Town locks in future vision
Okotoks: Feedback will help guide future plans
Wednesday, Jan 28, 2015 01:08 pm
After three months of soul searching, Okotoks has a new vision that will guide it well into the future.
The community visioning process wrapped up in December with a final open house for residents to provide input on the work the Town’s hired consultants had done since September.
Through a process of open houses, engagement sessions, and online tools, the consultants gathered thousands of comments and formed them into various themes and principles. The final vision statement was approved by council on Jan. 12.
Coun. Tanya Thorn said overall she was impressed with the levels of engagement within the community, and thought they did a great job collecting useful feedback.
“I really do believe at the core they got those pieces of what the vision for our community is long term,” she said. “I thought the engagement process they did was great, they did a really good job of getting out and into our community where people are instead of that traditional you come to us… I think that was really effective.”
Through the feedback the consultant were able to come up with the final community vision for Okotoks, which reads:
“The Town of Okotoks is resilient, where people, businesses, ideas and sense of community thrive. Grounded by the Sheep River valley and supported by thoughtful planning and design, a strong local economy and a vibrant civic culture, Okotoks offers exceptional quality of life at every stage of life. Respect for each other and the natural environment makes Okotoks home.”
Okotoks sustainability coordinator Dawn Smith said each aspect in the vision emerged directly from what residents had to say.
“The words have a lot of meaning to different people and can be interpreted the way individuals wish to interpret them but they're pretty open,” she said. “A lot of people expressed that The people are the valuable asset, so that was really important to have in there, and the of course business and economic development was a strong focus as well.”
Throughout the various public engagement activities, three core questions were asked to residents: what do you value about Okotoks? What would you change? And what do you want for the future?
Smith said through the responses they were able to interpret the answers and work them into the core values that represent Okotoks and its residents.
“The Sheep River Valley was a fundamental concept that was expressed, not only from a geographical perspective, but also as kind of the concept as being the heart of the community,” Smith said. “A strong comment that a lot of residents mentioned that they'd like us to be a leader in sustainability and environmental stewardship and technological advances, so that was all kind of expressed through these words.”
Smith said the entire purpose of the vision is to help guide future plans, so they can all be based off of the same principles and values that were taken directly from the residents.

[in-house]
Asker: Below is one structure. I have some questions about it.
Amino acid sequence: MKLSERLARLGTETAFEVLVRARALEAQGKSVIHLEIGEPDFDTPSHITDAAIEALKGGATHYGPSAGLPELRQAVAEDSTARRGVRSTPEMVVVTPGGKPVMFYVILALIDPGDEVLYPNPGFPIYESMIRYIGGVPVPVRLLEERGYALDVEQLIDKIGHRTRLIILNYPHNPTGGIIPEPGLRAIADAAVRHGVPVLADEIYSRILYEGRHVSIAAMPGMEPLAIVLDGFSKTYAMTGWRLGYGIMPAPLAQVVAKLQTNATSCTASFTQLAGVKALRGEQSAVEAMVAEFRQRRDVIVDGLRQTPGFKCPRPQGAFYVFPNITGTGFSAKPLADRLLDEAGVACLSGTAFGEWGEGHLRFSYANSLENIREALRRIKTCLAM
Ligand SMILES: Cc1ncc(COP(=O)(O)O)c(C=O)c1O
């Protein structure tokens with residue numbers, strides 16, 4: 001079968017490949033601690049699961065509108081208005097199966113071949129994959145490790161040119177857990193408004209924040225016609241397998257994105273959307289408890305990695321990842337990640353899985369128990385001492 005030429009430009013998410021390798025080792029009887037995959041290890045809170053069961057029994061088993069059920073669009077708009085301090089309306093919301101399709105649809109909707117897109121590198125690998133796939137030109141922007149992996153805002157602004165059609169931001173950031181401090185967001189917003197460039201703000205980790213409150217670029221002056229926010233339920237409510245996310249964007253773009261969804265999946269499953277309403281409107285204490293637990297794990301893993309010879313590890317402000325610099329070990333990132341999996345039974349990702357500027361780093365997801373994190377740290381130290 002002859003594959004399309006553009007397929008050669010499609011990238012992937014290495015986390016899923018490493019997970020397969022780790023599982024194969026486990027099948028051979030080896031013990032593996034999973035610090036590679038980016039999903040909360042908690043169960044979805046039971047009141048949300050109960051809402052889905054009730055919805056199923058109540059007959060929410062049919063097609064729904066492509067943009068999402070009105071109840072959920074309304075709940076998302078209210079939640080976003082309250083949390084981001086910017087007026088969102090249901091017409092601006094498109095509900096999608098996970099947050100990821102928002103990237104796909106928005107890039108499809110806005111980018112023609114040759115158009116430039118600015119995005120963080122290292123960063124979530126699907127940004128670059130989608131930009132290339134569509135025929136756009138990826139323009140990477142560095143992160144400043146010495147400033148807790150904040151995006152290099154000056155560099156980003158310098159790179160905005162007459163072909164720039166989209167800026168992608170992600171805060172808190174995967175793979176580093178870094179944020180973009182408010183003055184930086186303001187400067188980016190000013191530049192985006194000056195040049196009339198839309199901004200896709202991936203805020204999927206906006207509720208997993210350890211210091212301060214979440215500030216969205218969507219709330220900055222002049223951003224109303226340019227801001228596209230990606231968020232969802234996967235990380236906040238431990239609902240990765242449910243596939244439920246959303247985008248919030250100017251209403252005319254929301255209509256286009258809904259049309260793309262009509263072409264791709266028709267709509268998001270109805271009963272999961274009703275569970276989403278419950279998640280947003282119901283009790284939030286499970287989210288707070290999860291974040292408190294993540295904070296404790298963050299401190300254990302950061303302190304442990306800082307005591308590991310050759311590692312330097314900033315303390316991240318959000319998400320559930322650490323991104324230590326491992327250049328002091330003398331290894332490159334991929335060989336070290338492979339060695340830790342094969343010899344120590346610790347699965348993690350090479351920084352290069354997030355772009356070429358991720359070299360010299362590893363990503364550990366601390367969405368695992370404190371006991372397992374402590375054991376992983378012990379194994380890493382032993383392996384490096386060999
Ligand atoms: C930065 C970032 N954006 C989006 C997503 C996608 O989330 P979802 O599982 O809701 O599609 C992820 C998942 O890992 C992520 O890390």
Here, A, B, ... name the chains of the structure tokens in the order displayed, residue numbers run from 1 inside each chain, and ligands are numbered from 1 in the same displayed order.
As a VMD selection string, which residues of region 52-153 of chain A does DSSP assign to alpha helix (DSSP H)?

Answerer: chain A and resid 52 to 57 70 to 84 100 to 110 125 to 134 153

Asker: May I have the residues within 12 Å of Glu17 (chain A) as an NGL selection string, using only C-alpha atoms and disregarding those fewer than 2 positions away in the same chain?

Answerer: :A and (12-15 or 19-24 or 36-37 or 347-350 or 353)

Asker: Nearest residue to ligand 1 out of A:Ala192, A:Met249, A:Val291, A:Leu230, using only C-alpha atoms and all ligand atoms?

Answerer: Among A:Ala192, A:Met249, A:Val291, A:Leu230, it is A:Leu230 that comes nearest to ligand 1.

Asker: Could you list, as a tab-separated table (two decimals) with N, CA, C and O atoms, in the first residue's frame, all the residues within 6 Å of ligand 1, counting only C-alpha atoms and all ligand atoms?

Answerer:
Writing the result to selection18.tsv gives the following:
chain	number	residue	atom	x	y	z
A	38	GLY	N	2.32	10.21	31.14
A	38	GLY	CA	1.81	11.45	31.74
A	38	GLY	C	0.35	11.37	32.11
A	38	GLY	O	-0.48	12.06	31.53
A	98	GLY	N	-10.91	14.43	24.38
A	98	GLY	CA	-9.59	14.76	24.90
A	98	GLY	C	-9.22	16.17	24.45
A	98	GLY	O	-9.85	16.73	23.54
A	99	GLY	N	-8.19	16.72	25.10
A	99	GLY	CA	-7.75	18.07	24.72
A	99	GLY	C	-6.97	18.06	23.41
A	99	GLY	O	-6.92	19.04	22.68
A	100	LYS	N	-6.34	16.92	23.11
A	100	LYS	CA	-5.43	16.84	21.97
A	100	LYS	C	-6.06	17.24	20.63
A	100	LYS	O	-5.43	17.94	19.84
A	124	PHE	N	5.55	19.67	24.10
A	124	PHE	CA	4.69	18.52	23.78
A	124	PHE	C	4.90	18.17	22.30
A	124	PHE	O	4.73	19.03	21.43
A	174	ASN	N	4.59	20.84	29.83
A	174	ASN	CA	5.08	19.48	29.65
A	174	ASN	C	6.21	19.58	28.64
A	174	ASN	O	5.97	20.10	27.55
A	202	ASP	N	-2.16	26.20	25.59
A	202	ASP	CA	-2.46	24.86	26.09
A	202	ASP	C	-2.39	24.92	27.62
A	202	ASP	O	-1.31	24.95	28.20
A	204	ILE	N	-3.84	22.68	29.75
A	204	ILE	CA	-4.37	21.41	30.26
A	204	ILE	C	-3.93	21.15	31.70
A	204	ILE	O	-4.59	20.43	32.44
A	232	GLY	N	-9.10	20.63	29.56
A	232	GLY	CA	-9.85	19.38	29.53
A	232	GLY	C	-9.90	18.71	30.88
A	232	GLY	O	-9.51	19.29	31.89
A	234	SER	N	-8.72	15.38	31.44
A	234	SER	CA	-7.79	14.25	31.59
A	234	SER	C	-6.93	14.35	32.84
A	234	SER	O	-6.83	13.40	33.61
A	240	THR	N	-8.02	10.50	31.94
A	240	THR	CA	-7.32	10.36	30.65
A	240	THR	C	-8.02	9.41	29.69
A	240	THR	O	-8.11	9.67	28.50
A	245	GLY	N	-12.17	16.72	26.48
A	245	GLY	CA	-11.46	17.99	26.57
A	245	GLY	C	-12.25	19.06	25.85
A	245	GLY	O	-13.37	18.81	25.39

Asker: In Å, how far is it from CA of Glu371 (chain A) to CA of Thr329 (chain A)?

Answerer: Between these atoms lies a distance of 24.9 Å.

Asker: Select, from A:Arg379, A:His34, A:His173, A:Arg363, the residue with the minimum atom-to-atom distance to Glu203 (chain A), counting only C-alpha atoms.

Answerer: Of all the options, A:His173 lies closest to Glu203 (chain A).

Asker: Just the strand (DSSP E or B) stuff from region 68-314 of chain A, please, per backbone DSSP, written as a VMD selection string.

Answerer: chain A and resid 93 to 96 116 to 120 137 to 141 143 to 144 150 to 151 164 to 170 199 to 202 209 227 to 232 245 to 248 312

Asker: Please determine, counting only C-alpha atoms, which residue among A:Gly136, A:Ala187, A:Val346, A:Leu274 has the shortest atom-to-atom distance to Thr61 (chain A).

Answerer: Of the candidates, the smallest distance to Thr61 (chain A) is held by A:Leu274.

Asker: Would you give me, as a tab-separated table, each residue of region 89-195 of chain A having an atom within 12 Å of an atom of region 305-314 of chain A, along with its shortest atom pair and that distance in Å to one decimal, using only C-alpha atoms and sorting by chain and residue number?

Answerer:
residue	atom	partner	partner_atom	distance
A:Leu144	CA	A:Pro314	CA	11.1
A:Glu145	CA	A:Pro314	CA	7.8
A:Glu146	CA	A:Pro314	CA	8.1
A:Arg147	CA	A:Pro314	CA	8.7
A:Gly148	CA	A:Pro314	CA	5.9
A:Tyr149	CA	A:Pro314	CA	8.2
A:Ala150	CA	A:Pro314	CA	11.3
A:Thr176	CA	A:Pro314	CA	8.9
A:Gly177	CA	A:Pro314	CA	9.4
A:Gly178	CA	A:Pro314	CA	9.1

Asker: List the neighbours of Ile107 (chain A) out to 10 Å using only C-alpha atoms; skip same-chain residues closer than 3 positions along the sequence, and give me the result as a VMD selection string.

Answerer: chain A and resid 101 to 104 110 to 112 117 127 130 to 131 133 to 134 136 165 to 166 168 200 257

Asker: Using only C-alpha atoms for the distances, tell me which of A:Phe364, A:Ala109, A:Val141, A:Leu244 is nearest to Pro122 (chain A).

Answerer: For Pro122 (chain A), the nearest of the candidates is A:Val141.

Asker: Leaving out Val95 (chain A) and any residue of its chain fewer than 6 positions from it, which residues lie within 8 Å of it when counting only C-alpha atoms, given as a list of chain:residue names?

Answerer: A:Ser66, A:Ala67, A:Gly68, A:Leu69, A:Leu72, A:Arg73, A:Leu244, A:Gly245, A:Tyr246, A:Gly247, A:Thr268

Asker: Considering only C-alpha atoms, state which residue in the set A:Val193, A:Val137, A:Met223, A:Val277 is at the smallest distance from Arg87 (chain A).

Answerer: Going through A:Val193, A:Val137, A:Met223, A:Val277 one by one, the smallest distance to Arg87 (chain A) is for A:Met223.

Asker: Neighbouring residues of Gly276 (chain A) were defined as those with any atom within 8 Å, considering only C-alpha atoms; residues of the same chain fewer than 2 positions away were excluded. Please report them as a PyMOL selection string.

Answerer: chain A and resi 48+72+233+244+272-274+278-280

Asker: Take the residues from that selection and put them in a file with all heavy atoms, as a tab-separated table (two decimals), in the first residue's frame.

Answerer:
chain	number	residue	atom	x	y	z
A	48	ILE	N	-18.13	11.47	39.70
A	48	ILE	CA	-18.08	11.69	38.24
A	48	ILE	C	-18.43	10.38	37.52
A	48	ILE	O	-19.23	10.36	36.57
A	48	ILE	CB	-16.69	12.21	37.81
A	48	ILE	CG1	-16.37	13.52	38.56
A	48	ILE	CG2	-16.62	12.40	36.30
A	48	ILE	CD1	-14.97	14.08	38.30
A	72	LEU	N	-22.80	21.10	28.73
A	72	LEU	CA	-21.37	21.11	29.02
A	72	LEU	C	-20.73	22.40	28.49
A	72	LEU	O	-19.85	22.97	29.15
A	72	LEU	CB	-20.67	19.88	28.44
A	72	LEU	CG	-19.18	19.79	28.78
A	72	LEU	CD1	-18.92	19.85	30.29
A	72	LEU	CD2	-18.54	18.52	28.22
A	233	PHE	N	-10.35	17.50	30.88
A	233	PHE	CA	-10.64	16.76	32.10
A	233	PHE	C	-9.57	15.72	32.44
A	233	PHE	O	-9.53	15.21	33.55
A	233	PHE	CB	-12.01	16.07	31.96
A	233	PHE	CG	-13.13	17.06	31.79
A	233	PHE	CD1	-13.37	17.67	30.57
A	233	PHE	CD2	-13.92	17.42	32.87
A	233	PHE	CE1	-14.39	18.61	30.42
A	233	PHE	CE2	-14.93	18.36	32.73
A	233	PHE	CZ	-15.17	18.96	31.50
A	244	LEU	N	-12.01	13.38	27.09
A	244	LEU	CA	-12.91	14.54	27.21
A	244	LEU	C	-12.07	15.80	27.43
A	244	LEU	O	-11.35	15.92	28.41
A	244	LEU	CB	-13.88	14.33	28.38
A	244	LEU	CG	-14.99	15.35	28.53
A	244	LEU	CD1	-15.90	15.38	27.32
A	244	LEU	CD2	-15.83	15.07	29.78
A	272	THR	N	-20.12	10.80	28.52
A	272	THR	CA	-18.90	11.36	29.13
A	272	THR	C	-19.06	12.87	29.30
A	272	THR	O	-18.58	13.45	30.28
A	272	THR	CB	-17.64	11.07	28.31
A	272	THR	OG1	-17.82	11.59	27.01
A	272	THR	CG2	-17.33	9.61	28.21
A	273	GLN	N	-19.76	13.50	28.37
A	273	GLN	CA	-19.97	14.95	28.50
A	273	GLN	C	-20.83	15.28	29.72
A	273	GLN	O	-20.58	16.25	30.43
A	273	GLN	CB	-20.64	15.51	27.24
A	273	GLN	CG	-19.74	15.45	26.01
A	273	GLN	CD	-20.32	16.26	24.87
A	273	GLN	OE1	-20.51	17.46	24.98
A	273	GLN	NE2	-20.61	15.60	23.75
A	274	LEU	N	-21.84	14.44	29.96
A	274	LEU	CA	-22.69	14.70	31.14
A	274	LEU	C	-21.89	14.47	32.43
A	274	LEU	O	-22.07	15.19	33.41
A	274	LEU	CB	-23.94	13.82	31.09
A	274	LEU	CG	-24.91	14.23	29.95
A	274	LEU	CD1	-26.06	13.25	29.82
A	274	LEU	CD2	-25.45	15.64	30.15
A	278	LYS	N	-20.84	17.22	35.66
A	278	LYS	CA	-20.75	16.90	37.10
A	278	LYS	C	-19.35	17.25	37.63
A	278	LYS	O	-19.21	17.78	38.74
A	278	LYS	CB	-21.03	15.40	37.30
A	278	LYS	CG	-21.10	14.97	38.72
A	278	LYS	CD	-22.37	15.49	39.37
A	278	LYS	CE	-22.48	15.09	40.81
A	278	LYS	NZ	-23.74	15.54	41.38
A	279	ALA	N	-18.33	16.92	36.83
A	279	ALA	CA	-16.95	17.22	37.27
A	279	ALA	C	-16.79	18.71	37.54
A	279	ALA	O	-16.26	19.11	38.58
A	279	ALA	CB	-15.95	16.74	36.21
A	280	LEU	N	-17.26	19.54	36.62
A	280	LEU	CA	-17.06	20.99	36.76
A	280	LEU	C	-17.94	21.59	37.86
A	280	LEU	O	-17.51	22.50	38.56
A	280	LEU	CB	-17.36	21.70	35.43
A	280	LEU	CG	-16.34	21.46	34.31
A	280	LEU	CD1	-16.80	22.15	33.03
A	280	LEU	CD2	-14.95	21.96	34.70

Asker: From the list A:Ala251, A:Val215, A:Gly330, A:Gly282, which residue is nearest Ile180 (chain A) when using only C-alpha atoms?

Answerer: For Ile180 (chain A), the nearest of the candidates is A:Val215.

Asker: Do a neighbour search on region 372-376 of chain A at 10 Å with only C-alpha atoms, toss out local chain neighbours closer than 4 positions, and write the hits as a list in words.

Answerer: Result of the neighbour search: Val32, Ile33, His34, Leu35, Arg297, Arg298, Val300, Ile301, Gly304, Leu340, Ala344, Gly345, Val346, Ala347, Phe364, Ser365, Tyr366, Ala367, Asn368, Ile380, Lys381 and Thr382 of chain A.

“We need to set these principles… they're all very important and thinking about them as we move forward in every plan we develop, this is really the guiding place as we grow how are we going to grow, what are we going to physically look like?” she said. “A lot of people might have a hard time getting their head around it because they're just statements, what does that really mean? What are we doing with that?”
Smith said that the coming plans, such as the Sustainable Community Plan, will begin to narrow down focuses and get closer to actual implementation strategies for the future.
“It’s a long range plan. It will flush out setting targets for each of those themes - so mobility, education, affordable housing, all those concepts, it doesn't tell us how we do it though,” Smith explained. “The (sustainability) plan will say ‘we want this percentage of affordable housing by this date.’ There are plans that come out of the sustainability plan that are more actionable with implementation strategies, So there's lots of steps still to come.”
But Smith said overall they had an overwhelming amount of feedback from residents and are planning to hold on to it for future use in more specific plans. She said one of the biggest challenges was taking that information and channeling it into a broader overarching vision.
“Someone may jut say we want a waterslide, there's much more behind that,” she said. “So trying to develop "what does that mean to them?' that means activity for them for children at the pool, recreation focused, youth focused, so there's much more behind people's statements.”
But Smith noted that all of the comments are being kept for use during future more detail oriented plans, such as the recreation master plan where residents who continually asked for things such as a pool will see that more clearly reflected.
“We wont forget it, we have all those individual comments that will also go into those implementation plans later on,” she said. “It's a valuable asset on different levels.”
Coun. Thorn said she’s eager to move forward onto the next steps and put everything in action.
“It's great to talk about those great big motherhood statements - these are the things that are important to us - but how are we going to make sure that that all happens?” she asked. “Obviously all of that then effects our capital plans and our budgeting so that’s kind of that next step, but this gives us those guiding principles for where we're going as a community.”